Mr. Ichthus

He’d introduced himself and gotten to chatting the man that chaired the local board of education. He’d been to the meetings and was invited to events and then a ceremony and then a barbecue. So he donated money that bought books for the library, and ran himself a successful seat on the board. He still went to the meetings only this time behind the long, broad desk on the dais the board members sat behind, seated in office chairs they sometimes twisted in when reading off notices to the public. His time passed a 4-year term and other matters in life bade him to pass the torch and a like-minded friend received his seat.

The board of education meetings told the passing of the year: it was August 12, 2023 and the M_____ City Board of Education – Regular Meeting was in session to a full house for the coming school year. The rows of chairs and the back walls were occupied by citizens concerned over the passage of a bill at the highest levels to overturn, undo, repeal, remove excise eliminate some routine practice known to time like striations in the bedrock.

Faces that had fumed grew quiet with their huffs and an exhaustion calmed the packed-in, overheated crowd.

“Mr. Ichthus,” said Benjamin Trowle, who had a jacuzzi on a rustic deck overlooking hillsides. Excellent whiskey hours.

Mr. Ichthus rose from his seat, waited a moment, and then strode to the counsel table, facing the board. He cleared his throat and adjusted the microphone and without consulting the sheets of paper he’d carried along, he began.

“I would like to propose two new programs for grades 10 through 12 at the M_____ City and U_____ high schools: farming and philosophy.”

He continued. “The world faces however-so-many problems — and it always will, that much isn’t going to change. Forget everything else. There are ways to keep society going along in peace and prosperity, and there are ways we know — from tradition and history and story, that society’s typically fail.

“Just so as a man lives and dies do nations and states and empires. We are always under threat, of some menace or barbarian, plague or the unknown horrors of our own vast existence. The unexpected cataclysm, the blindspot before our eyes. A plague, a famine, a catastrophe of man’s own making.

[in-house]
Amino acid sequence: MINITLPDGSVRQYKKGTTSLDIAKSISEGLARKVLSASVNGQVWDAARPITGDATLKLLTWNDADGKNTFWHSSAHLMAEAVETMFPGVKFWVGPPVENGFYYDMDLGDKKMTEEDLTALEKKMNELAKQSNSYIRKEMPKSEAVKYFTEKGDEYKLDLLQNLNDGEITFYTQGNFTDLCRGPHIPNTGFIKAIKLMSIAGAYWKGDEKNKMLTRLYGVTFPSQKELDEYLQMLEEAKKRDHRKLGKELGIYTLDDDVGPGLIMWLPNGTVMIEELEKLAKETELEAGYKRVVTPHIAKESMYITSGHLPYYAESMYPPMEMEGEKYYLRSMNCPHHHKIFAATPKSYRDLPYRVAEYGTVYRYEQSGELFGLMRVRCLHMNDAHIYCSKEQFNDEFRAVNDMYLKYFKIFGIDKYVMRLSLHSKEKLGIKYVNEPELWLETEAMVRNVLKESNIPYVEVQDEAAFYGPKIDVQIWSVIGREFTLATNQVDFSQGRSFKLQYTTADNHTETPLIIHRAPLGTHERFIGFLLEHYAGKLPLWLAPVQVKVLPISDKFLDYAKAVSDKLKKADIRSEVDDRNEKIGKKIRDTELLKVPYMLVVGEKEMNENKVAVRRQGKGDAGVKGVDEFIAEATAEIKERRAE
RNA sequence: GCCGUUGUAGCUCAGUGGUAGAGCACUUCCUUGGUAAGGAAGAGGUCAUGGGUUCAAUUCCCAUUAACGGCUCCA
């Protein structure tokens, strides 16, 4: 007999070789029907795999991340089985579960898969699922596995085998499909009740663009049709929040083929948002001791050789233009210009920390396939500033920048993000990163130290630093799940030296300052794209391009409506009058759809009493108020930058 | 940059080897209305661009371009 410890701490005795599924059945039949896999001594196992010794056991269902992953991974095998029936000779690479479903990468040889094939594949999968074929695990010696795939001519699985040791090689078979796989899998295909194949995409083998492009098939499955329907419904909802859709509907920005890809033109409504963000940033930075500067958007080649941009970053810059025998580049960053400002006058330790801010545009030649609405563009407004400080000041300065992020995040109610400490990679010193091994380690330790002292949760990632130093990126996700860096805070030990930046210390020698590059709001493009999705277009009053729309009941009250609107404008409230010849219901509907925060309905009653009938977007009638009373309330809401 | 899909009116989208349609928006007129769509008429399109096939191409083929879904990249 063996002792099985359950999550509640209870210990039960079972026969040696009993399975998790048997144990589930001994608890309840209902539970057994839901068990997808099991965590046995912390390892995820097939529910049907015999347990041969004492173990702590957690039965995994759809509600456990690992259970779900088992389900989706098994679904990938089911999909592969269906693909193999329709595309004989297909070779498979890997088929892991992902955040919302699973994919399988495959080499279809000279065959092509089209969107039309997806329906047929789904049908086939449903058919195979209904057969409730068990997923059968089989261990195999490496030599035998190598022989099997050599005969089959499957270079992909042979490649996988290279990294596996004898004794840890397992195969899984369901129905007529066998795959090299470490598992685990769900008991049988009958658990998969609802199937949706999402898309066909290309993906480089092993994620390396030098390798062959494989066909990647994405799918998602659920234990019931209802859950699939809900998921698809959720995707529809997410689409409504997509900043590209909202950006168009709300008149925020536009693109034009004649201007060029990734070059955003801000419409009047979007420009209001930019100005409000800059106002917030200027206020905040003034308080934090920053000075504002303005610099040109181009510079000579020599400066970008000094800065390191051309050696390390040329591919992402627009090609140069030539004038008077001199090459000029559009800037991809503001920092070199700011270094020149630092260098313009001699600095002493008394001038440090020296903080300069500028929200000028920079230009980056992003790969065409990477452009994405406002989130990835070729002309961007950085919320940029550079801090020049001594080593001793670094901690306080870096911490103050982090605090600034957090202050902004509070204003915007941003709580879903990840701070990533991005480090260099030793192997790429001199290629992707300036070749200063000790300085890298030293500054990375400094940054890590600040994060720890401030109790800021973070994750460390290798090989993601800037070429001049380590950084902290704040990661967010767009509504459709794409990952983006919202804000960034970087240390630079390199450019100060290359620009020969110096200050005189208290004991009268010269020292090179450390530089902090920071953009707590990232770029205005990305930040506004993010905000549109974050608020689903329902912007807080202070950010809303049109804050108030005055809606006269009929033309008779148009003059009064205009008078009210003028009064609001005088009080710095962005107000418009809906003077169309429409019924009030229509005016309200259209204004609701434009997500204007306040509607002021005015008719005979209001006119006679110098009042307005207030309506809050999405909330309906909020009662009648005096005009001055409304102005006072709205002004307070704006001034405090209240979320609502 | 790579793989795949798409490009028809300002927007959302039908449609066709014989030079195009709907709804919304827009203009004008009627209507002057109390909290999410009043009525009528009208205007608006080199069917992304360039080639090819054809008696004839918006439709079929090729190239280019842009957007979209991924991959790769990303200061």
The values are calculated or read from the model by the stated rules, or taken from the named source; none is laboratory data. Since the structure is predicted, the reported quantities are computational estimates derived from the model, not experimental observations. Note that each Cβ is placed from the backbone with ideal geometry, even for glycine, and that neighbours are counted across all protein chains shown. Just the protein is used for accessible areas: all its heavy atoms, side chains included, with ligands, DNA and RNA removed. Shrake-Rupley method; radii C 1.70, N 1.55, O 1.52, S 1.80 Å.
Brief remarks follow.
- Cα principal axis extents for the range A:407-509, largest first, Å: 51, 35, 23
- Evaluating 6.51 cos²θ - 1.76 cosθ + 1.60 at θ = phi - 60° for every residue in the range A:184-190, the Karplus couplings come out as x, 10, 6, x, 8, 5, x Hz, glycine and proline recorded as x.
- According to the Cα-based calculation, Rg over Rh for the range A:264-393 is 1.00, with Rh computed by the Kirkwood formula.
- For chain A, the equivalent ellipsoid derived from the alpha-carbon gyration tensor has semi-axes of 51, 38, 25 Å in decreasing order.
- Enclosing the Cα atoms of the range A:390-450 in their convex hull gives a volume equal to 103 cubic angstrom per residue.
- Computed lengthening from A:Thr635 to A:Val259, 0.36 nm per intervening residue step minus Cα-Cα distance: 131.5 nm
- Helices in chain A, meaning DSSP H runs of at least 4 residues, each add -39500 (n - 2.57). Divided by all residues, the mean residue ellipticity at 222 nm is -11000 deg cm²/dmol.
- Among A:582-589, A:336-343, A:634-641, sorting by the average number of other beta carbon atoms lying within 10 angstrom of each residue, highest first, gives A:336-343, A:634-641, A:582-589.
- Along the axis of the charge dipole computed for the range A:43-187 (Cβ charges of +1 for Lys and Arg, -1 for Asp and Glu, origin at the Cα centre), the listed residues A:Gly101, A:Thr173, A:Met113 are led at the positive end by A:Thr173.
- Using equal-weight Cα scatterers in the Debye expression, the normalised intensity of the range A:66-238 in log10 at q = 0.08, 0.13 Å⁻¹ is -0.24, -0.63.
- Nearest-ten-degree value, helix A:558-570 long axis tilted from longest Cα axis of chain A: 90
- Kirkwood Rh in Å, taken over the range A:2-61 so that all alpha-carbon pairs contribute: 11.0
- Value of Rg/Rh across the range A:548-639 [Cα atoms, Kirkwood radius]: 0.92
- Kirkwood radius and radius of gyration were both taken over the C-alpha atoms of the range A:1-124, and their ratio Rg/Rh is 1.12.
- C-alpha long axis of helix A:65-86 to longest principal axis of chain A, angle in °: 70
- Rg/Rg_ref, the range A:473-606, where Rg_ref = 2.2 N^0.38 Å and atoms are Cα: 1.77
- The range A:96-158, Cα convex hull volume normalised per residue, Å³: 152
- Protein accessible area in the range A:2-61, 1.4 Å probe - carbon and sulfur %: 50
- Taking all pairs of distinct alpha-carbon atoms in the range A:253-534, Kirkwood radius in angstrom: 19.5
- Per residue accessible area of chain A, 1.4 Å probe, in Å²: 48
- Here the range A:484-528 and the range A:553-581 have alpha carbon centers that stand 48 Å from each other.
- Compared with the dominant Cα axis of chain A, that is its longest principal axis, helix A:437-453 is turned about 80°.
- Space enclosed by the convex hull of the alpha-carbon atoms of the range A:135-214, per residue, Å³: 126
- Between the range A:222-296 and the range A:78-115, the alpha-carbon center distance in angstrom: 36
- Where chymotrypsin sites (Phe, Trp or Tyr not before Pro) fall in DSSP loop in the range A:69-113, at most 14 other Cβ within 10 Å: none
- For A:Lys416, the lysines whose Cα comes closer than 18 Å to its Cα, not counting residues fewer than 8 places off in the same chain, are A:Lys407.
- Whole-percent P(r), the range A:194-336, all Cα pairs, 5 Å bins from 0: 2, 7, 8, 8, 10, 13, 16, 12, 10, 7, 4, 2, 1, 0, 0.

“Call it tyranny, if you will. The cruelty of power pressing down till you and yours no longer breathe. That is, among all else, the ever-present death at the door of liberty. Democracy. Equality before the law. And it is history and tradition, the steady river feeding society, replenishing it in regular intervals, that make it possible for a way of life, for the values on which that society is built, to be ensured for the generations that follow.

“Is it not worth the price for our distant children to enjoy a bill of indisputable rights? To have at their own disposal their own resources and will?

“Well, then, we must assure it. We must assure that those learnings which granted us liberty from tyranny are not lost in the shadows of generations past. The dust of a history book.

“And among those lessons we know of two to be foundational: a wise mind and a self-sufficient capacity. Few louts resist the call of demagogues and despots — most take the tyrant’s promises and creeds as honest. You need to know how to think to notice propaganda and spin. And, again, the man who can’t feed himself or fix his own house or balance his own accounts quickly finds himself in a corner credulous to bite any man’s promise to get out.

Mr. Ichthus paused. At some point he’d turned to address the crowd as well and, assured the crowd was listening intently, turned back to face the board.

“For these reasons, I’m willing to guarantee two-million dollars over the next 10 years to establish farming and philosophy courses in both high schools, grades 10 through 12.”

Mr. Ichthus had done his homework. He’d met with board members who’d bought his plan and helped him work out the accounting. Two-million dollars would be enough for books and gardens and pay raises for instructors to teach the classes. Mr. Ichthus turned to face the gathered crowd again to scan and understand the commotion that had taken hold. It seemed to Mr. Ichthus that a large portion liked his idea, and that a sizable group as well had questions — least not a few who sat with crossed arms and shouted brief rejoinders at their neighbors.

“Before we turn this to the board,” said Mr. Ichthus, repeating himself a second time, louder, to get the attention everyone present, “Before we turn this to the board, I’d like to open the floor to any questions or comments.” Mr. Ichthus turned and bowed to the board. “If that would be alright with the board.”

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